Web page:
Biology Ph.D. Dissertations

Title

Spatial ecology of Eastern Box Turtles (Terrapene c. carolina) in the Oak Openings Region of Northwestern Ohio

Date of Award

2016

Document Type

Dissertation

Degree Name

Doctor of Philosophy (Ph.D.)

Department

Biological Sciences

First Advisor

Karen Root (Advisor)

Second Advisor

Shannon Pelini (Committee Member)

Third Advisor

Jeff Miner (Committee Member)

Fourth Advisor

Enrique Gomezdelcampo (Committee Member)

Fifth Advisor

Salim Elwazani (Other)

Abstract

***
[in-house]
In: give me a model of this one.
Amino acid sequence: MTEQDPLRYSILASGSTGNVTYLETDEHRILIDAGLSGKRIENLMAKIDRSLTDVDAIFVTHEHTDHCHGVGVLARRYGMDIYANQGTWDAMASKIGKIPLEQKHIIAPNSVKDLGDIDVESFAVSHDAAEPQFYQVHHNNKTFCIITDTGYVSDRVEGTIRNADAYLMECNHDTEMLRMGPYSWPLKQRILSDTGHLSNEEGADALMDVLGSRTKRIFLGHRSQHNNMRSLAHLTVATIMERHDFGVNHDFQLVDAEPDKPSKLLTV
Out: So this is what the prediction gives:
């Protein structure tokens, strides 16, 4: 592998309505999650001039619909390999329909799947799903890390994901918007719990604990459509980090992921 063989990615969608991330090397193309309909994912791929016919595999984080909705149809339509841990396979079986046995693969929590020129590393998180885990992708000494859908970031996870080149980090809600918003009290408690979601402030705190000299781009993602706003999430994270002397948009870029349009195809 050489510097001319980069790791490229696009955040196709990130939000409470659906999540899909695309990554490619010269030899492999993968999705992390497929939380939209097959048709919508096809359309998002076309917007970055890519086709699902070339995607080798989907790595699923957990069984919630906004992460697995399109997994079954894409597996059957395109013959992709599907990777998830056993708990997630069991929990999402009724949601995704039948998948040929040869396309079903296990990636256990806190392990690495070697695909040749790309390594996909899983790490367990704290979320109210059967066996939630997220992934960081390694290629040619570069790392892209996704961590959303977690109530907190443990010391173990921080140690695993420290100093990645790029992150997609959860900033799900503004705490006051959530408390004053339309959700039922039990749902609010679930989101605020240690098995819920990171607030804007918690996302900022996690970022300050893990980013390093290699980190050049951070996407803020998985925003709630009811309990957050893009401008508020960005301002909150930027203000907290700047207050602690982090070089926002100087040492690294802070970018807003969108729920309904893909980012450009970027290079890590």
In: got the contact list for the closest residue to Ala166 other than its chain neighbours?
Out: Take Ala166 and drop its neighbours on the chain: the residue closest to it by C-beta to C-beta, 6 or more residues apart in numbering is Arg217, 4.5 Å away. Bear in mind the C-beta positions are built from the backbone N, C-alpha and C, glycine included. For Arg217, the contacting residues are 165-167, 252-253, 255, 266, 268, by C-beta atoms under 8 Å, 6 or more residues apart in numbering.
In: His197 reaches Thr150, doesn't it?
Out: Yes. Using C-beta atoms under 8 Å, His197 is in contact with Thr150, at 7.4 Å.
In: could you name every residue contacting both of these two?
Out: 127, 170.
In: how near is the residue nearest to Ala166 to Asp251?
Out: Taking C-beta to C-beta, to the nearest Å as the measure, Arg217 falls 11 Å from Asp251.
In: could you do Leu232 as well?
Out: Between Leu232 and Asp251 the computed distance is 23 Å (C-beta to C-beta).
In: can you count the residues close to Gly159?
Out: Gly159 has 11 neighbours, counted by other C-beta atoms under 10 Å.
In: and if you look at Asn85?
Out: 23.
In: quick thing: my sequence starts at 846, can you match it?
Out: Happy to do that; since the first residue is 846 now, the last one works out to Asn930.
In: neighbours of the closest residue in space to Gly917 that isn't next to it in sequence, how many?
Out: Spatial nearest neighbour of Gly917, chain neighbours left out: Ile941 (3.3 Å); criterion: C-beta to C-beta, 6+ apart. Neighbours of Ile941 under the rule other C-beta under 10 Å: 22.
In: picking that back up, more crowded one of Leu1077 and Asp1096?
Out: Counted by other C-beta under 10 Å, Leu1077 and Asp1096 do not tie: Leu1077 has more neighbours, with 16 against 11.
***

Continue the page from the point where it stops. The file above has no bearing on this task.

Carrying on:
Eastern Box Turtles (Terrapene c. carolina) have experienced range-wide declines as the result of extensive habitat loss, fragmentation, and alteration. The Oak Openings Region of northwestern Ohio is a biodiversity hotspot that exists in a highly fragmented landscape and provides a unique case study from which to examine the effects of anthropogenic disturbance on Eastern Box Turtles. In an effort to inform management and conservation efforts in the Oak Openings Region, I initiated a radio-telemetry project with the following objectives: 1) examine the spatial ecology of Eastern Box Turtles over several years to understand how they interact with their habitat in an area as unique as the Oak Openings Region, 2) develop predictive models depicting the temporal distributions of Eastern Box Turtles, 3) examine the impacts of one of the most common management tools in the Oak Openings Region, prescribed fire, on Eastern Box Turtles, and 4) evaluate pattern-recognition software as a low-cost alternative of identifying individual Eastern Box Turtles. Turtles at my study site exhibited larger home ranges than previously reported for this species as well as hierarchical habitat selection at multiple scales. Predicted distributions followed phenological shifts in habitat use and were influenced primarily by habitat type and canopy cover. Prescribed fires have the potential to have a devastating effect on box turtle populations, but management activities that take box turtle ecology into account will minimize these impacts while maintaining a critical disturbance regime. Computer-assisted photo-recognition has a great deal of potential as a supplemental method of identifying box turtles and provides a low-cost means of incorporating citizen science data into mark-recapture studies. My work suggests that conservation for Eastern Box Turtles in the Oak Openings Region should focus on maintenance and restoration of remaining box turtle habitat, connectivity between critical habitat patches, and altering burn regimes to minimize negative effects on box turtles while still meeting ecosystem-level management objectives.

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